Love is a mess. Defined subjectively at every moment, changing from individual to individual and from culture to culture, it glows through its ambiguity and its strength. Even though love has never been fully ignored, its ambiguous nature led, historically, to its consideration for academic inquiry as either too elusive or too emotional for social scientist to take it seriously — a disinclination that does not commonly find its way in the study of other intangible topics such as fear. While these reluctances still characterise the situation, a transformative shift is underway and has now affected most of the social and natural sciences. Identified as the affective turn by sociologist Patricia Clough in 2007, it outlines the growing and novel enthusiasm given to emotions in the field of social sciences from the end of the 1990s onwards. What was then being avoided, shattered, censored or ridiculed on the grounds of their inclusion of emotion — such as love — is now progressively finding its way towards acceptance as valid academic material. Although most fields of studies have started to deepen their understanding of the notion and began to consider it as relevant study matter, most notoriously in the field of politics, sociology and psychology, it is its near absence, in the field of architecture and urban studies, that is the motive behind the current project. How could a concept, emerging in academic branches so tightly linked to spatial practices, be still considered anecdotal in the discipline after decades of developments? A notion that has been described as the stage of explicitly modern issues and as a radical and generative force within other branches of inquiry. It occurs now to be pertinent to call for its consideration within architecture and urban studies. Why should architecture and urban studies continue to leave aside a notion with such apparently salient relevance? It seems indeed preposterous that the sphere of spatial practices hasn’t yet fully embraced a blossoming academic subject that is being described by a growing number of thinkers as (1) a movement, inherently creative, intrinsically curious (2) fundamentally relational, a translating intersubjective agent, a powerful factor in the emancipation of our singularities and (3) a transformative force, an imminent political motor for civic life, help to inform alternate social imaginaries. Triggered by the blatant indifference towards a concept loaded with resonances for the field of spatial studies, this project will attempt to expand on current research tendencies on the subject and seek to portray love as a valid and potent ontology for the field of urban studies and architectural production. Considering love in its affinity with space is the process of making room for the construction of an imagination built upon its relationship with others: a cathartic imagery thoughtful of our enmeshed realities. Love, through analogy, arises here as a potential space in between our singularities, a means for shaping potentiality. In the realm of urban studies, considering love opens not only the relationship that we maintain towards potential spaces but grounds these imagined spaces in their most relational dimension. Thinking more loving worlds means thinking more playfully means thinking more open worlds. Love makes the impossible possible by setting up the process for prospective worlds to come into being.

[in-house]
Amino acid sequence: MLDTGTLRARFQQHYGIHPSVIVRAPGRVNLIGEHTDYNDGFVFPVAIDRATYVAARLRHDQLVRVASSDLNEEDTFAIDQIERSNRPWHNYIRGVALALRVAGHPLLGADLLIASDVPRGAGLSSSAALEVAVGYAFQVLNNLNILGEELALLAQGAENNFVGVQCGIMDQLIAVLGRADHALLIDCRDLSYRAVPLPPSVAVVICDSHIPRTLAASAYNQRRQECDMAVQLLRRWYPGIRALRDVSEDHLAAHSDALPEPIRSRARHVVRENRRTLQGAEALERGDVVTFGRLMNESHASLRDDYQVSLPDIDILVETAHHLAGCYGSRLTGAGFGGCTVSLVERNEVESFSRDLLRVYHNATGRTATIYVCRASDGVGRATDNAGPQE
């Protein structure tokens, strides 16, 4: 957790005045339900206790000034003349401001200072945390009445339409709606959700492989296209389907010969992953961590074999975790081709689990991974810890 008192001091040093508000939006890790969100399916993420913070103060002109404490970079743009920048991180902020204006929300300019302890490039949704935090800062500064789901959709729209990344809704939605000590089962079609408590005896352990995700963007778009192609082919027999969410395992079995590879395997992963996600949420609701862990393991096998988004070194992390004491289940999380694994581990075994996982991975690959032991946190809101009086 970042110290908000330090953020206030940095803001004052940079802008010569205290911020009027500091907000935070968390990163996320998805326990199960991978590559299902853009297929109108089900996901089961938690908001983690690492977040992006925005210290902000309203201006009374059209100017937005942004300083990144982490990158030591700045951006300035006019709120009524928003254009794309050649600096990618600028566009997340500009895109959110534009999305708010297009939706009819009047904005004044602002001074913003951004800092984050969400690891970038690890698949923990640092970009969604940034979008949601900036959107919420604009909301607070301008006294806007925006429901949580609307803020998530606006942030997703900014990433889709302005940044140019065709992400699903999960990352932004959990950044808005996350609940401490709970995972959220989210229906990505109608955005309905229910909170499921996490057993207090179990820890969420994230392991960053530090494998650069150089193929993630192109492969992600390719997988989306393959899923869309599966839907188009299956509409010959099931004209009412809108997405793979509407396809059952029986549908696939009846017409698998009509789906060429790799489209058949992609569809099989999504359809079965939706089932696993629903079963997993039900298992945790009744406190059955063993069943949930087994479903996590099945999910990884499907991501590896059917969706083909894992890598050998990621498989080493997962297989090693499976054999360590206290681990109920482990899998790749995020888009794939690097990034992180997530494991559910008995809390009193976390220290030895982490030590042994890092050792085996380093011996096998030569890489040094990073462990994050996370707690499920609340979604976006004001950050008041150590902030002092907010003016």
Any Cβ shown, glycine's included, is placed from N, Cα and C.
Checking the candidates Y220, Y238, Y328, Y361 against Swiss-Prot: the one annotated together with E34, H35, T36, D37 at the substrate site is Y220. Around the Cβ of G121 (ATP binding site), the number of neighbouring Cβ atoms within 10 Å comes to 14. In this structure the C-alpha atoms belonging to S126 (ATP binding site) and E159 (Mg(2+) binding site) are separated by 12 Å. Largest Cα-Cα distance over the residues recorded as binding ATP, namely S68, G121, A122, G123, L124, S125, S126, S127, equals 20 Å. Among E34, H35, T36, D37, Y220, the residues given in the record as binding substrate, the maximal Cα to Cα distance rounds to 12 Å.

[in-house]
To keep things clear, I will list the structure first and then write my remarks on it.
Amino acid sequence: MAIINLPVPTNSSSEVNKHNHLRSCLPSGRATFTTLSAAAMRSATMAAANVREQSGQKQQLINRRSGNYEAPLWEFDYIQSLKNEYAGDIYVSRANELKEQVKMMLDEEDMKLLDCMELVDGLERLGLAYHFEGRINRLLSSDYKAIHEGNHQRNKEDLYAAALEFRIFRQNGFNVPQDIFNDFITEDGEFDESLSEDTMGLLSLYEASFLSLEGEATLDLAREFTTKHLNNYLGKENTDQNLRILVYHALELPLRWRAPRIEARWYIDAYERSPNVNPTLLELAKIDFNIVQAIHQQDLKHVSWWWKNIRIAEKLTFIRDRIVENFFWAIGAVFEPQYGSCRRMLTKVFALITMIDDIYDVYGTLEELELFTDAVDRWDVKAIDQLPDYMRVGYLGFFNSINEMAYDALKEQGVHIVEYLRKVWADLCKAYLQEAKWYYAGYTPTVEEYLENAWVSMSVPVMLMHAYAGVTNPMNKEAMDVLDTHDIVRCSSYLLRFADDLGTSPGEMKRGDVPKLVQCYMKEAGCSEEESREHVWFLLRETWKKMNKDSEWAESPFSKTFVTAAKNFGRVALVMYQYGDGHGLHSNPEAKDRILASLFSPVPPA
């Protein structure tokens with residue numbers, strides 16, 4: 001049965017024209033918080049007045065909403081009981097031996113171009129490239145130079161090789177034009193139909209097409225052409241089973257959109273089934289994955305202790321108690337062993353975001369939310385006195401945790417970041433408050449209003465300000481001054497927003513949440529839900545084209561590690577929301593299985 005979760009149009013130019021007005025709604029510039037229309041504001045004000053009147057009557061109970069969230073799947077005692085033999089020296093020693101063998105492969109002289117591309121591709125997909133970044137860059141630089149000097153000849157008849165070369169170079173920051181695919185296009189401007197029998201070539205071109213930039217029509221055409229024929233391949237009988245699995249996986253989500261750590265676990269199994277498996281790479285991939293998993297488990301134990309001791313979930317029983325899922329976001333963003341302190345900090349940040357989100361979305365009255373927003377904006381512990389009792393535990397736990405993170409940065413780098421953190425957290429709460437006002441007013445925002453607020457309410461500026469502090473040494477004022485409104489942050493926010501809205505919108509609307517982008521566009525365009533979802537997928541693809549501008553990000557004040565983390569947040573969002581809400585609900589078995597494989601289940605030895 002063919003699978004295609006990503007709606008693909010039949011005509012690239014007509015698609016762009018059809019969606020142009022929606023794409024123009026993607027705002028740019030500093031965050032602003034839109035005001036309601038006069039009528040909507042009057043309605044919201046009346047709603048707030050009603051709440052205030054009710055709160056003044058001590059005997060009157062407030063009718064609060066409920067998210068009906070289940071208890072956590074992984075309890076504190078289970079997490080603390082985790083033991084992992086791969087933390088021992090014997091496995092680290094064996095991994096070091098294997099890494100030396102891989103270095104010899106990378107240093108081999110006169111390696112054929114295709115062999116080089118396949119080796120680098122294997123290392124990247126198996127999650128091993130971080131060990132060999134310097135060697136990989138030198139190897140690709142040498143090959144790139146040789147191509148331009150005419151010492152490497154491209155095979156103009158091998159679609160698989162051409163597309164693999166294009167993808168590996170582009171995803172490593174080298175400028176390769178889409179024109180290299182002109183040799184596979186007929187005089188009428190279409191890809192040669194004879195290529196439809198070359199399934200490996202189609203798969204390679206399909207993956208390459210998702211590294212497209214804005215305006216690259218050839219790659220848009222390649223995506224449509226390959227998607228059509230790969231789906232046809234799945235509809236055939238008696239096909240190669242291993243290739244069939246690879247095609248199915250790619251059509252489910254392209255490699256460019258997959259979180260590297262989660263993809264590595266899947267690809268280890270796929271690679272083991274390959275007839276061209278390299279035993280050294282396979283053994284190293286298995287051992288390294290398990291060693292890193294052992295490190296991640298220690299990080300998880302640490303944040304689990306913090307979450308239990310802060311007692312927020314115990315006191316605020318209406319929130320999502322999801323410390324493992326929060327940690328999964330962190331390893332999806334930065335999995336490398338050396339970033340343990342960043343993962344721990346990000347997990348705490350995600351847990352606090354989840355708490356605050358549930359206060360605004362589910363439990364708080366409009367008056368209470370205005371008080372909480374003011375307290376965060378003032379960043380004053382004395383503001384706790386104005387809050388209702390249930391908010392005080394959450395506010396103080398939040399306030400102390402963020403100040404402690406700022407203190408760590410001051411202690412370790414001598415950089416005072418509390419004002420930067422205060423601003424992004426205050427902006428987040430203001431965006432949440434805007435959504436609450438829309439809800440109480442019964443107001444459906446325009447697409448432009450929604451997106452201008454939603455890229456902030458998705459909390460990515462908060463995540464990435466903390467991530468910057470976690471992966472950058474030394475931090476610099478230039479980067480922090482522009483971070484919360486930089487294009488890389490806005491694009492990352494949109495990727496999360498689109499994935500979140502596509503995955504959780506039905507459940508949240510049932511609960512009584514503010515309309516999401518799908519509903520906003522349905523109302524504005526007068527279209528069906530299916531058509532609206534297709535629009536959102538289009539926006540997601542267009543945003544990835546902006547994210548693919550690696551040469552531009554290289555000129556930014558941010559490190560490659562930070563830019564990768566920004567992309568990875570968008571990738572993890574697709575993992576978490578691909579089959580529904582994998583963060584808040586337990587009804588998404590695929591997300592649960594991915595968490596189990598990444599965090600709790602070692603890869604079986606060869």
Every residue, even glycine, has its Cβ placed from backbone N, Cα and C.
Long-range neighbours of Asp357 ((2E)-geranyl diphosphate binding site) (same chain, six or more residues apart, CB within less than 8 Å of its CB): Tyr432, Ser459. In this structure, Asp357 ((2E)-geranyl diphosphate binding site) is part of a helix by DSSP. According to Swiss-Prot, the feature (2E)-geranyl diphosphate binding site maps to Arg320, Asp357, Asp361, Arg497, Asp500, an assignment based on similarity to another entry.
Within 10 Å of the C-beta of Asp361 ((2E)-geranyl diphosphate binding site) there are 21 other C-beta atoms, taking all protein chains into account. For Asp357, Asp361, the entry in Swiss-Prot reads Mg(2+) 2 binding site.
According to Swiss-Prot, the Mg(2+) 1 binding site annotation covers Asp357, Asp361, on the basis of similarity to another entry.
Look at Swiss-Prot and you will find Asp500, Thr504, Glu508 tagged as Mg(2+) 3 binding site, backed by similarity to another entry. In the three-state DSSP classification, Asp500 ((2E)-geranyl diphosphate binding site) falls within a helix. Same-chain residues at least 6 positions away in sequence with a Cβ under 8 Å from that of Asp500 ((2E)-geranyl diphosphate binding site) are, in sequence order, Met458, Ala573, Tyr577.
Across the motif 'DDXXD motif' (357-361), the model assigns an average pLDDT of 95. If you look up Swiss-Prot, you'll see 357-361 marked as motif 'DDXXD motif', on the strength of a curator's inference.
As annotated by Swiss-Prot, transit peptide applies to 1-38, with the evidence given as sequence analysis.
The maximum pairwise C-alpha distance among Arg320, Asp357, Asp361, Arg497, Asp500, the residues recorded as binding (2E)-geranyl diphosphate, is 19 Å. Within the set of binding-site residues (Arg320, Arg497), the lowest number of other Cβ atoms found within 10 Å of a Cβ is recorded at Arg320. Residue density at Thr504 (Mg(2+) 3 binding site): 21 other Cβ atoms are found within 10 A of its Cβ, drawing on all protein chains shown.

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[design thesis]

"Only through the experimental and ambiguous uncovering process of a spatiality of love, that responds to the shift we want to see happen in our social relations, will we be able to support the blossoming of the transformation of that world we want to live in."

[Pilot Thesis]

"The real counter-projecting measures of the fragmenting, isolating and alienating nature of modernity are whether or not the city fosters, generates and provides grounds for the fortuitous development of situations of interplay. — In short, whether or not a city is built upon love."

[Essay 1b]

"Only through the experimental and ambiguous uncovering process of a spatiality of love, that responds to the shift we want to see happen in our social relations, will we be able to support the blossoming of the transformation of that world we want to live in."

© 2020. Louis Lupien.

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